The king came at the appointed time and was received by the lady with great honour and rejoicing. When he beheld her, she seemed to him fair and noble and well-bred beyond that which he had conceived from the courtier's words, whereat he marvelled exceedingly and commended her amain, waxing so much the hotter in his desire as he found the lady overpassing his foregone conceit of her. After he had taken somewhat of rest in chambers adorned to the utmost with all that pertaineth to the entertainment of such a king, the dinner hour being come, the king and the marchioness seated themselves at one table, whilst the rest, according to their quality, were honourably entertained at others. The king, being served with many dishes in succession, as well as with wines of the best and costliest, and to boot gazing with delight the while upon the lovely marchioness, was mightily pleased with his entertainment; but, after awhile, as the viands followed one upon another, he began somewhat to marvel, perceiving that, for all the diversity of the dishes, they were nevertheless of nought other than hens, and this although he knew the part where he was to be such as should abound in game of various kinds and although he had, by advising the lady in advance of his coming, given her time to send a-hunting. However, much as he might marvel at this, he chose not to take occasion of engaging her in parley thereof, otherwise than in the matter of her hens, and accordingly, turning to her with a merry air, 'Madam,' quoth he, 'are hens only born in these parts, without ever a cock?' The marchioness, who understood the king's question excellent well, herseeming God had vouchsafed her, according to her wish, an opportune occasion of discovering her mind, turned to him and answered boldly, 'Nay, my lord; but women, albeit in apparel and dignities they may differ somewhat from others, are natheless all of the same fashion here as elsewhere.'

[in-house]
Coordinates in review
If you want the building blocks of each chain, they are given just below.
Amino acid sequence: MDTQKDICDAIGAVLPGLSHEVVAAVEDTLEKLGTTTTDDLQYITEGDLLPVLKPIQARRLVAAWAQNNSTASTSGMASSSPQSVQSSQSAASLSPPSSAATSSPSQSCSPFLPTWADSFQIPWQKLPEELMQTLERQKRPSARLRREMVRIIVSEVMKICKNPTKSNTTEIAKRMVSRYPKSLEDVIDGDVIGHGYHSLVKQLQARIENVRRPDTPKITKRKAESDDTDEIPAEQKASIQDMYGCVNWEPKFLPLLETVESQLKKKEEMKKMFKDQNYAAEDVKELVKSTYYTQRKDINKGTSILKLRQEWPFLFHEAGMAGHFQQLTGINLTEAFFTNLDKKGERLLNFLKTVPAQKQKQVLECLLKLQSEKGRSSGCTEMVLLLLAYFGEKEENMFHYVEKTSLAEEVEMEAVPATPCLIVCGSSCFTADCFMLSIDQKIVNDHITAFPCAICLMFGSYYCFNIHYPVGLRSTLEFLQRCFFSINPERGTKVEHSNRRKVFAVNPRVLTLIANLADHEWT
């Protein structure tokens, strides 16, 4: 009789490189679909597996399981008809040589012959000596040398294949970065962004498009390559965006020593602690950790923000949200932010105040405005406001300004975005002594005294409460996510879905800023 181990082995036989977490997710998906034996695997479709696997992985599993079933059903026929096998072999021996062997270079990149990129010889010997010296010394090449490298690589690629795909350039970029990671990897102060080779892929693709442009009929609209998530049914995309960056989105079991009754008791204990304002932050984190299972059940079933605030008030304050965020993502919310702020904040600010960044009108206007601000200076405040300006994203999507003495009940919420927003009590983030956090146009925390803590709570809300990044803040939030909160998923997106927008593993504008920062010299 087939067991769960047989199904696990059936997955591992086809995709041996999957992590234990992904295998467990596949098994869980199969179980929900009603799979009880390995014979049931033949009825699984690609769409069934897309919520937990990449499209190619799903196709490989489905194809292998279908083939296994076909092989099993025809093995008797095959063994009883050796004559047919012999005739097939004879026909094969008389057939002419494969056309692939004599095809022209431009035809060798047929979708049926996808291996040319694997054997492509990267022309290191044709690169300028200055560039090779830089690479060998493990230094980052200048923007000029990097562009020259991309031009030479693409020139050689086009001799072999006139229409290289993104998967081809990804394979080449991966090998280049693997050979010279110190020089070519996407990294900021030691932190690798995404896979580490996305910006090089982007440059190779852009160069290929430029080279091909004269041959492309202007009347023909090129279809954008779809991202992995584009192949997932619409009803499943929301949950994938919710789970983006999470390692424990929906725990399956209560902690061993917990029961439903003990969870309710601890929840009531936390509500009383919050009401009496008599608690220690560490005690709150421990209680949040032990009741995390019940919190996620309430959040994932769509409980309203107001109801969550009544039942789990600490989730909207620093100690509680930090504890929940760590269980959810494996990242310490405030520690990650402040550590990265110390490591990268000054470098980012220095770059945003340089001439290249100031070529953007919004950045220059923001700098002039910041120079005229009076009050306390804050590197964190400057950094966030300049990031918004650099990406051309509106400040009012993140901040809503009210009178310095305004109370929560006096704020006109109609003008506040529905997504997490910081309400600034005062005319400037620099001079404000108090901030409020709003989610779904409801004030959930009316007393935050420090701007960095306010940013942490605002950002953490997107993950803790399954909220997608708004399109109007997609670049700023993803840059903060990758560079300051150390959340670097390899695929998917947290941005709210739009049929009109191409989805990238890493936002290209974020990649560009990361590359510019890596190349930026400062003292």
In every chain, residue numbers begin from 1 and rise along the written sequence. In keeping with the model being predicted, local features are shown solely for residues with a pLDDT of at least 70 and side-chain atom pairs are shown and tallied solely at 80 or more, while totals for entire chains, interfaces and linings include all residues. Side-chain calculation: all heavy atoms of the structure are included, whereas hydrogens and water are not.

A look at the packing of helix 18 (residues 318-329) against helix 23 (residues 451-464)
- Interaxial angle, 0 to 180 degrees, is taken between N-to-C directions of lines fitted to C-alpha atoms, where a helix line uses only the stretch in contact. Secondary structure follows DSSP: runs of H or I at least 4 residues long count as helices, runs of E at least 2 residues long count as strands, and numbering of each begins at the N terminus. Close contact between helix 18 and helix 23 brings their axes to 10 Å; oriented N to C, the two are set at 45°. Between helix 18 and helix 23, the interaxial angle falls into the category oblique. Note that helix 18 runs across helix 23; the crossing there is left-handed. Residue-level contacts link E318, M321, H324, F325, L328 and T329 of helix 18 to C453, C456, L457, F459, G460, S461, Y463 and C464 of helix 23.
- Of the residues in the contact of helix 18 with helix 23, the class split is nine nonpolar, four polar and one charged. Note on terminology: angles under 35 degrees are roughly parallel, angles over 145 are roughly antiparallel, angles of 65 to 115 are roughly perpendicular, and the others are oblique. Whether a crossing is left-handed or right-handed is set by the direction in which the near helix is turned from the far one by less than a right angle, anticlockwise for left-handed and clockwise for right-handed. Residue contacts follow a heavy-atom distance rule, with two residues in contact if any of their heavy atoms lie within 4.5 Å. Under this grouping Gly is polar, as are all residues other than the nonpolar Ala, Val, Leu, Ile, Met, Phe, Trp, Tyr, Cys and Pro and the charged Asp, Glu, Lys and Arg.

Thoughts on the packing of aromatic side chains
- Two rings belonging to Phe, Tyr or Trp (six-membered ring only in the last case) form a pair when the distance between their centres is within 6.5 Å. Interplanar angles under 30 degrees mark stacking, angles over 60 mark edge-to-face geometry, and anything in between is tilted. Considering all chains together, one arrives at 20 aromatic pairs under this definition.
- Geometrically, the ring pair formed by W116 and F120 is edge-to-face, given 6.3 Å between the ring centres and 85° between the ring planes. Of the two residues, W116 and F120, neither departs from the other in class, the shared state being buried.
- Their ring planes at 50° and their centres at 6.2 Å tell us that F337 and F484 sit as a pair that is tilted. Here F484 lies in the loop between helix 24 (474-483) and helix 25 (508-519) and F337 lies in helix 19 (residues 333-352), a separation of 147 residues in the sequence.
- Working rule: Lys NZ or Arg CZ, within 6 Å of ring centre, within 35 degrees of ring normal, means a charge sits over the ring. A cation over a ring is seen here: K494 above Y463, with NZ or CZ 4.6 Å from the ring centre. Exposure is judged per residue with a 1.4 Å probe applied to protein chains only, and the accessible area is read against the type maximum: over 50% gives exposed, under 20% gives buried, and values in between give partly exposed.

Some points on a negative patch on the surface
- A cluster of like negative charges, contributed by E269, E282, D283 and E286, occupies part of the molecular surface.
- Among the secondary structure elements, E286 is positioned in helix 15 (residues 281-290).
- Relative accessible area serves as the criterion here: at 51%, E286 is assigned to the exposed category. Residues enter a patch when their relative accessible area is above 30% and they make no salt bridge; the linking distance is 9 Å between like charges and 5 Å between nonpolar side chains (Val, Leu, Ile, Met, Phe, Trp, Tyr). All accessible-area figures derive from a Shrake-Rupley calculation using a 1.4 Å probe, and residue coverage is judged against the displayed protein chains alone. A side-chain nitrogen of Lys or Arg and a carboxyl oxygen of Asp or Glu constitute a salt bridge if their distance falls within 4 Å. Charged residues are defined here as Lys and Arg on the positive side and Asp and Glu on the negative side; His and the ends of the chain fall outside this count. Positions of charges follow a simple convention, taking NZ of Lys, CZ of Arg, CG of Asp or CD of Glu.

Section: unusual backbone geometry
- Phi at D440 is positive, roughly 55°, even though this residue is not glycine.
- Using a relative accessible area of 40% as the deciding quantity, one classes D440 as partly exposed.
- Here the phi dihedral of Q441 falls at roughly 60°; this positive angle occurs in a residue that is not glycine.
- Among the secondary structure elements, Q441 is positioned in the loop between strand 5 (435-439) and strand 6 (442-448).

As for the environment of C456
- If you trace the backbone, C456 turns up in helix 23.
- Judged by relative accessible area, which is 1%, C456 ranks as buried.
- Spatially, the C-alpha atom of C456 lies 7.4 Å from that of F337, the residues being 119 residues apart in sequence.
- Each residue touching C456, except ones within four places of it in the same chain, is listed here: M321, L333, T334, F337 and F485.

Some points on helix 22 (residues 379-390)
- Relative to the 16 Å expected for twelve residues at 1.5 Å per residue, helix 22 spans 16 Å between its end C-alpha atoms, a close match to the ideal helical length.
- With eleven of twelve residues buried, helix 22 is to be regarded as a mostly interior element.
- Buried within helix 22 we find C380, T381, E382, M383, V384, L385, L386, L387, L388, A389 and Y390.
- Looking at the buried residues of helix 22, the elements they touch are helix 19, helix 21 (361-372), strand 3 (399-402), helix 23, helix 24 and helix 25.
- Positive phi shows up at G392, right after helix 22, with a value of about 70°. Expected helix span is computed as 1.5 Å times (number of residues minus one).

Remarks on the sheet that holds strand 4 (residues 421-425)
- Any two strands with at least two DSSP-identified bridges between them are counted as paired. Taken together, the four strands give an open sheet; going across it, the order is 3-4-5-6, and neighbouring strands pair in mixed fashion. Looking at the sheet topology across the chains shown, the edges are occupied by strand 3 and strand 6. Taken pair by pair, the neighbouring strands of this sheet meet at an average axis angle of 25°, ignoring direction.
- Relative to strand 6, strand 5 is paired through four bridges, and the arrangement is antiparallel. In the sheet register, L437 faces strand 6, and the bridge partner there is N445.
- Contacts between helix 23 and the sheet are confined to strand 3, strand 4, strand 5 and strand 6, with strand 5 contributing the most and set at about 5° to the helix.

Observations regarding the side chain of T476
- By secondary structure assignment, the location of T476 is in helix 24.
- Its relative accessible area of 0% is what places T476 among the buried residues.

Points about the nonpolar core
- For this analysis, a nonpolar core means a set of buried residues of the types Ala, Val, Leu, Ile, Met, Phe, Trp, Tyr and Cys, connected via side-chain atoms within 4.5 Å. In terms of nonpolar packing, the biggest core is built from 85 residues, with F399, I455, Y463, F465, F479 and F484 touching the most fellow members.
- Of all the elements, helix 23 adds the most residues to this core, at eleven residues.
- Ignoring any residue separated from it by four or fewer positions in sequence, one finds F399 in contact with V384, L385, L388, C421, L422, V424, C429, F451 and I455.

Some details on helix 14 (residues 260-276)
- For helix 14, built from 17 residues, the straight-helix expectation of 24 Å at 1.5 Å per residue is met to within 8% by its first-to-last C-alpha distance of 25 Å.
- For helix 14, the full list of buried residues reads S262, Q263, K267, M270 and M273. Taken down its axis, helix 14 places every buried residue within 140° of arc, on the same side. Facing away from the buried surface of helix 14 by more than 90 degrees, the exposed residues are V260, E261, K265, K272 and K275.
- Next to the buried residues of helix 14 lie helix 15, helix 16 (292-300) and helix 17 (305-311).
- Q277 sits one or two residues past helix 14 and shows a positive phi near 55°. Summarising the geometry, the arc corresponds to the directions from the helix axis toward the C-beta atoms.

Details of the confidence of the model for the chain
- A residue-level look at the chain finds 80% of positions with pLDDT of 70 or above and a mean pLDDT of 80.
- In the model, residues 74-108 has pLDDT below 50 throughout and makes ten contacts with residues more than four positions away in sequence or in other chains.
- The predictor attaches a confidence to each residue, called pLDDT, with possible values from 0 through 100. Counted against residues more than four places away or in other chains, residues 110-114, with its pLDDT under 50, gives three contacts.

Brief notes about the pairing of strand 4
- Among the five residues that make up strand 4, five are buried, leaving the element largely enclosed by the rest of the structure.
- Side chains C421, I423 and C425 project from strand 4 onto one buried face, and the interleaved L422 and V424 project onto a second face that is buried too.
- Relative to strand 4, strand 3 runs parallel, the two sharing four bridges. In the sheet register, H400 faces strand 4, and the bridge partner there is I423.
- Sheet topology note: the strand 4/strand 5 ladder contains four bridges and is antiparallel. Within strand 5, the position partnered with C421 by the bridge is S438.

The King, hearing this, right well apprehended the meaning of the banquet of hens and the virtue hidden in her speech and perceived that words would be wasted upon such a lady and that violence was out of the question; wherefore, even as he had ill-advisedly taken fire for her, so now it behoved him sagely, for his own honour's sake, stifle his ill-conceived passion. Accordingly, without making any more words with her, for fear of her replies, he dined, out of all hope; and the meal ended, thanking her for the honourable entertainment he had received from her and commending her to God, he set out for Genoa, so by his prompt departure he might make amends for his unseemly visit."

Footnotes

[50] An evident allusion to Boccaccio's passion for the Princess Maria, i.e. Fiammetta herself.

[51] Or standard-bearer.

[52] i.e. the One-eyed (syn. le myope, the short-sighted, the Italian word [Il Bornio] having both meanings), i.e. Philip II. of France, better known as Philip Augustus.